The SA government plans to spend R59 billion on bailouts for the SABC, Post Office, SAA, and Sanral, according to a report in the Sunday Times.
Sources told the newspaper that the rescue plan was recently discussed by cabinet, with President Cyril Ramaphosa present.
If the organisations are not given the funds, they may collapse or default on current outstanding loans.
The report further stated that:
- Sanral needs cash as it cannot borrow any more money.
- The SABC is in a financial mess and needs a government guarantee.
- SAA also needs a guarantee to borrow more.
- The Post Office will get cash and guarantees.
Besides the looting, corruption, financial mismanagement, and extreme incompetence of employees at many state enterprises, the civil disobedience by motorists and their non-payment of e-tolls was highlighted as placing Sanral under pressure.
“Sanral last year wrote off e-toll debts amounting to R3.6 billion, as Gauteng motorists simply refused to pay to use the roads,” stated the report.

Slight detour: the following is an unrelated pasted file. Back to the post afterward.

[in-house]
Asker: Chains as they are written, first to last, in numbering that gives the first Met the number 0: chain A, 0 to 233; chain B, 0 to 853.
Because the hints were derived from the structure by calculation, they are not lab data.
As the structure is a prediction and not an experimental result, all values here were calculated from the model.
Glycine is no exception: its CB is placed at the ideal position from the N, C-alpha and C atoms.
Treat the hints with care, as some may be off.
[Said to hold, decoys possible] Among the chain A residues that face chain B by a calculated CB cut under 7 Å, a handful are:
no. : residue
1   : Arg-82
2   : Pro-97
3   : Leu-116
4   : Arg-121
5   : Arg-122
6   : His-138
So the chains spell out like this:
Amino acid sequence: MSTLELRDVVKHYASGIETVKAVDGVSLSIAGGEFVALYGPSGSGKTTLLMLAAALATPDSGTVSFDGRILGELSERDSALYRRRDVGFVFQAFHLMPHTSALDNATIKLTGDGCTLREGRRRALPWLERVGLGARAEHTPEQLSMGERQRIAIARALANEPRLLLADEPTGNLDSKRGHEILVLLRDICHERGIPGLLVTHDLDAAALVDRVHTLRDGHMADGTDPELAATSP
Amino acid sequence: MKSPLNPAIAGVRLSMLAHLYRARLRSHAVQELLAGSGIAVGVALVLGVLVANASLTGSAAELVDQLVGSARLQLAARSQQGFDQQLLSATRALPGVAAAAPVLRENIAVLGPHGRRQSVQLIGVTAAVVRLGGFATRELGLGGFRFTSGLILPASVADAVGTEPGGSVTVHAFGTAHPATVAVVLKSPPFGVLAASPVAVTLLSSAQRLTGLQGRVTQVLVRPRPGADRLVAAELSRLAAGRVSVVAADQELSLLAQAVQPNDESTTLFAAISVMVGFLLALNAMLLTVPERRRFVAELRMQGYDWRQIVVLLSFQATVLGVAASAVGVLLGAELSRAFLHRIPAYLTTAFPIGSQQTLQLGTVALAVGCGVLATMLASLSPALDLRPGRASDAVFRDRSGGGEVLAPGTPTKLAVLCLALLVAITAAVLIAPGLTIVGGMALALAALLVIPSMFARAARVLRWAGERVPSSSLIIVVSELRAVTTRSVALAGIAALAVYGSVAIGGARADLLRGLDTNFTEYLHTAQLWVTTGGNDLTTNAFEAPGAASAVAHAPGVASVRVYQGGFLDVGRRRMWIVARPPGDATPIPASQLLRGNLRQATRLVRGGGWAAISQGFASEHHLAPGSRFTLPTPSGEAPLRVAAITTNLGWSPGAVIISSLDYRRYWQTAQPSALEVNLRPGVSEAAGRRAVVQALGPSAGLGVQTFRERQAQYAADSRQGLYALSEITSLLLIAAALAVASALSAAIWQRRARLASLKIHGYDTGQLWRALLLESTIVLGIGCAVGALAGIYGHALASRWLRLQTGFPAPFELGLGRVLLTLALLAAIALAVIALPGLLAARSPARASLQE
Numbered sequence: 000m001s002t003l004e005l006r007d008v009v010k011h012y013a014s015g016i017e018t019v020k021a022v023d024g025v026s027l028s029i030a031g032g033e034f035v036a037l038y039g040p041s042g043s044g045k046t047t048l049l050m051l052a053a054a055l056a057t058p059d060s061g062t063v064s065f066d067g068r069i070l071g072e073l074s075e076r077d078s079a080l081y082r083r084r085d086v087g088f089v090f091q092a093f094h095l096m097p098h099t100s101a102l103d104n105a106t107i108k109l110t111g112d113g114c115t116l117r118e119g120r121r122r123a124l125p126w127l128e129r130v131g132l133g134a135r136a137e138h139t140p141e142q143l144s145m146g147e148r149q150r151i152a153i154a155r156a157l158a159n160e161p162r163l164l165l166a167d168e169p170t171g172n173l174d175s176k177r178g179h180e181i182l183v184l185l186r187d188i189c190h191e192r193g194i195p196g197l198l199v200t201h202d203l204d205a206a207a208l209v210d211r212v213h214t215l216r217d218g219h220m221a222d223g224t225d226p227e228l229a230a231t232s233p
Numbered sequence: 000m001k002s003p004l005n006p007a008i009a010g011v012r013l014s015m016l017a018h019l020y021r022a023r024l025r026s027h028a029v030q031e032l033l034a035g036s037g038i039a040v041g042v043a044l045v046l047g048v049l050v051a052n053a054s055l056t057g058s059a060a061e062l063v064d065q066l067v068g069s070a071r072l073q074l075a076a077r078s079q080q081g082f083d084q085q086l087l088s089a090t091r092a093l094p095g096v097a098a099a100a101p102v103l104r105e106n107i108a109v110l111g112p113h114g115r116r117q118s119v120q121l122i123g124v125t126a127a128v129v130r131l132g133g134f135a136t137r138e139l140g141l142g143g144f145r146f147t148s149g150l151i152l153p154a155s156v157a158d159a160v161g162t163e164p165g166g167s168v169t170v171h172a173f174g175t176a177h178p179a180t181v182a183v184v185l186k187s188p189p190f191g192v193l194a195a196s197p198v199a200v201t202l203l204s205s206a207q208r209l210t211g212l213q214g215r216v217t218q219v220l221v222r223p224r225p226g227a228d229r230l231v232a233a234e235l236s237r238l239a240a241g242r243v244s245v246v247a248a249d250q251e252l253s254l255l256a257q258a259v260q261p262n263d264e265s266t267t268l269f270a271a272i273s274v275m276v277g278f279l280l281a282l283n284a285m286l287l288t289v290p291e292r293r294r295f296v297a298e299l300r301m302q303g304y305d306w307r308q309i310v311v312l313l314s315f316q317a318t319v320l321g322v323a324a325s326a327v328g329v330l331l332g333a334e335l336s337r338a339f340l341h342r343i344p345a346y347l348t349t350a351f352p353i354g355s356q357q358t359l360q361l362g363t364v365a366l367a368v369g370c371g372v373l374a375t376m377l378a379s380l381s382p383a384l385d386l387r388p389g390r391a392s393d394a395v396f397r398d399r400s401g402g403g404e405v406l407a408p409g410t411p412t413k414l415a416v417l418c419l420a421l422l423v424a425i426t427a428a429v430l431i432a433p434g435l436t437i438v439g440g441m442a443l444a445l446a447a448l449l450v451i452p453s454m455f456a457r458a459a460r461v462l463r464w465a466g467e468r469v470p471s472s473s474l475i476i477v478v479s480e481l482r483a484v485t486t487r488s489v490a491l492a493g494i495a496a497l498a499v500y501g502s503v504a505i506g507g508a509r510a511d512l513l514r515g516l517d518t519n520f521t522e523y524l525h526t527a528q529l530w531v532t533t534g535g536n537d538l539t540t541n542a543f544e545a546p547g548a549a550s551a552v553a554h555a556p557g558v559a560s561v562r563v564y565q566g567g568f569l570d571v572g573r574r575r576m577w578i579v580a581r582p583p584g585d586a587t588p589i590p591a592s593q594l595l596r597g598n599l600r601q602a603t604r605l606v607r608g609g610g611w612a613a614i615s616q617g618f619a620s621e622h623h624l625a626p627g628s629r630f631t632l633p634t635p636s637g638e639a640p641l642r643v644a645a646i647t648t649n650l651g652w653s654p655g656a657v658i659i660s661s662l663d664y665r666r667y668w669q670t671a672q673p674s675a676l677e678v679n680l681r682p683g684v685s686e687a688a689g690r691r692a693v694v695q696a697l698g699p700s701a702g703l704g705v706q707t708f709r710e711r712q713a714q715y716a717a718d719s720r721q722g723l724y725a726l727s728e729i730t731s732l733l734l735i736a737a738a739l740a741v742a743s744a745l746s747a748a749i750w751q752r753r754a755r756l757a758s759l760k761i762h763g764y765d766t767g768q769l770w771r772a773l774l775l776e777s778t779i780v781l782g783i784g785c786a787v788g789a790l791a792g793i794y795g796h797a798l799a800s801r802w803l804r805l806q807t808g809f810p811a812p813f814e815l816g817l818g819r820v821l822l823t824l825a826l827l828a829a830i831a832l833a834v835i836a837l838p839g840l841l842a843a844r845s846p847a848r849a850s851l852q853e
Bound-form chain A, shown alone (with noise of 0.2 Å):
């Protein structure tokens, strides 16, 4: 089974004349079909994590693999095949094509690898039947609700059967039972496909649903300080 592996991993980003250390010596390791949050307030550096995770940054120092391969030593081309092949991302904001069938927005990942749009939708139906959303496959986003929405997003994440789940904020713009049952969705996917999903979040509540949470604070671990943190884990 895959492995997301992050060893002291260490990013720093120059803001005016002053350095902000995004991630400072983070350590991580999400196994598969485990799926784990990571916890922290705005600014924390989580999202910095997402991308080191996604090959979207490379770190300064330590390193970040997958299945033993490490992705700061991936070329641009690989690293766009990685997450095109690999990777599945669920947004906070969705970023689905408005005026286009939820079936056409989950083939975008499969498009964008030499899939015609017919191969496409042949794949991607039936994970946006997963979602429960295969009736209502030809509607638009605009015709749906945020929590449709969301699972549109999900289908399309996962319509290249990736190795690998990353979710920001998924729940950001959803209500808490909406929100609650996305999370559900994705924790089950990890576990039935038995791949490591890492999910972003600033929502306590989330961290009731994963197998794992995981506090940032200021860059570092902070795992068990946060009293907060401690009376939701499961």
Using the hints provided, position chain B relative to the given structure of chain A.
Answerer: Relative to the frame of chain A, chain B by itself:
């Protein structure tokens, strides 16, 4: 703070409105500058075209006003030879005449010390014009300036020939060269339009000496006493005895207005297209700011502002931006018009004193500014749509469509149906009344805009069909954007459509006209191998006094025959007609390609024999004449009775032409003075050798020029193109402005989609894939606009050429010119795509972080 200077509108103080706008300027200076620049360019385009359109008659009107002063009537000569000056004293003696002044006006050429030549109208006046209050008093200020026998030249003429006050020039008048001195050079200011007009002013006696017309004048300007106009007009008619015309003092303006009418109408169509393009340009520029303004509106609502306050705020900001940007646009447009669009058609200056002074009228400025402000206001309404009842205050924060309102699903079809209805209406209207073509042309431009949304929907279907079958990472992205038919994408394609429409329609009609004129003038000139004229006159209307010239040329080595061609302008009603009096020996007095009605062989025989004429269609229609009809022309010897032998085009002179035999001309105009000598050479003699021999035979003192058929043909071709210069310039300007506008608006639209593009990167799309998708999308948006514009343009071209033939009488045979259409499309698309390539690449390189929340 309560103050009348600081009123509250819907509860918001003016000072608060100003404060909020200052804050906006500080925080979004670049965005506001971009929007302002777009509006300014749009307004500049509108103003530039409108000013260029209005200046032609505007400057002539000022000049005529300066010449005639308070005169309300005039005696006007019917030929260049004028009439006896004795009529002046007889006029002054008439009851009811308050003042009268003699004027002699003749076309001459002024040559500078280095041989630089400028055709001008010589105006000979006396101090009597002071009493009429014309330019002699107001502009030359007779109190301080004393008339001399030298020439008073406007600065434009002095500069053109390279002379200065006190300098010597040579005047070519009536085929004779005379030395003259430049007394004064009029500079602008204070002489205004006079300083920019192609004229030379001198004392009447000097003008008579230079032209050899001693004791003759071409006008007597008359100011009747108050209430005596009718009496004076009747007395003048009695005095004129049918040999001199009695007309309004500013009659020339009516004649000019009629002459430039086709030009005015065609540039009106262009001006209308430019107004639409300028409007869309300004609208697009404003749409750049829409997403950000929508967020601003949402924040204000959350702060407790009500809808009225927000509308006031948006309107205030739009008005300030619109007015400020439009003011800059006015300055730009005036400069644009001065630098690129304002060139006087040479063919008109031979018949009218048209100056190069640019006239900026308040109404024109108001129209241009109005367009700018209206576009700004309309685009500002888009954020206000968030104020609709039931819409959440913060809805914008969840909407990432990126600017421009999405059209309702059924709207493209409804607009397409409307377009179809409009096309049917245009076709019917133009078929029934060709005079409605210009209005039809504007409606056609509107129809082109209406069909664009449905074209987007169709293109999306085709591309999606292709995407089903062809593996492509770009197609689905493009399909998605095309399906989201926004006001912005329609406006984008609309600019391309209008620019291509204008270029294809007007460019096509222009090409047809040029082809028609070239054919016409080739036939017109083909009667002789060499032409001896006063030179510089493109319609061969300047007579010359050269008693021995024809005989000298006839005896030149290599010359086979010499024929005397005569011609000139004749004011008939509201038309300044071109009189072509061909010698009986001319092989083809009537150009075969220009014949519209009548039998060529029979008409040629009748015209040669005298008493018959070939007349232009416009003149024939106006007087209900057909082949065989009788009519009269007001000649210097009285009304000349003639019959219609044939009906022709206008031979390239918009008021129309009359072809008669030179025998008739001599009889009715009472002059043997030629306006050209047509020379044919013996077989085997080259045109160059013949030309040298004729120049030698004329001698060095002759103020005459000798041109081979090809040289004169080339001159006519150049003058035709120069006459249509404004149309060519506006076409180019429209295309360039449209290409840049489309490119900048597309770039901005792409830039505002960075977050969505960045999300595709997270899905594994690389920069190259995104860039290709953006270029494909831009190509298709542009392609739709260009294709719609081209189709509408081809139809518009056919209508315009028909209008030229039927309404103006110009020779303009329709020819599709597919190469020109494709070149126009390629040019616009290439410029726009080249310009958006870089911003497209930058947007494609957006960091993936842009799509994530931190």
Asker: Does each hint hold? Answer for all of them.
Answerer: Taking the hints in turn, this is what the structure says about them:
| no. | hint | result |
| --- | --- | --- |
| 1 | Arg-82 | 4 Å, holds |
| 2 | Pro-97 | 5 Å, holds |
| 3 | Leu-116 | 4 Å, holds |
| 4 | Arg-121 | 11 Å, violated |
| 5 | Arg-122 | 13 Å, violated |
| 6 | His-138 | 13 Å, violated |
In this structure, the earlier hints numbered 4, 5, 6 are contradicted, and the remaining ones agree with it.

This comes after the organisation spent billions upgrading Gauteng’s freeways and installing the e-toll system.
In a separate report by the City Press, Public Enterprises Minister Pravin Gordhan has asked Johannesburg Mayor Herman Mashaba not to liquidate state-owned arms company Denel.
Denel failed to repay a R290-million loan from the city, which was borrowed in 2012.
Gordhan reportedly told Mashaba that Finance Minister Nhlanhla Nene is “considering a lifeline for the embattled state-owned company”.
An application for a government guarantee has already been considered by the minister of finance, Gordhan told Mashaba.
Big SABC problems
The latest report follows news that the SABC was on its deathbed, from a financial perspective. The SABC reportedly owes over R100 million to 64 companies and is operating on a hand-to-mouth basis.
It was also recently reported that the SABC was unable to negotiate a new Bafana Bafana and Banyana Banyana broadcast rights contract due to its money problems.
The SABC reportedly owes the South African Football Association over R50 million for its previous broadcast contract.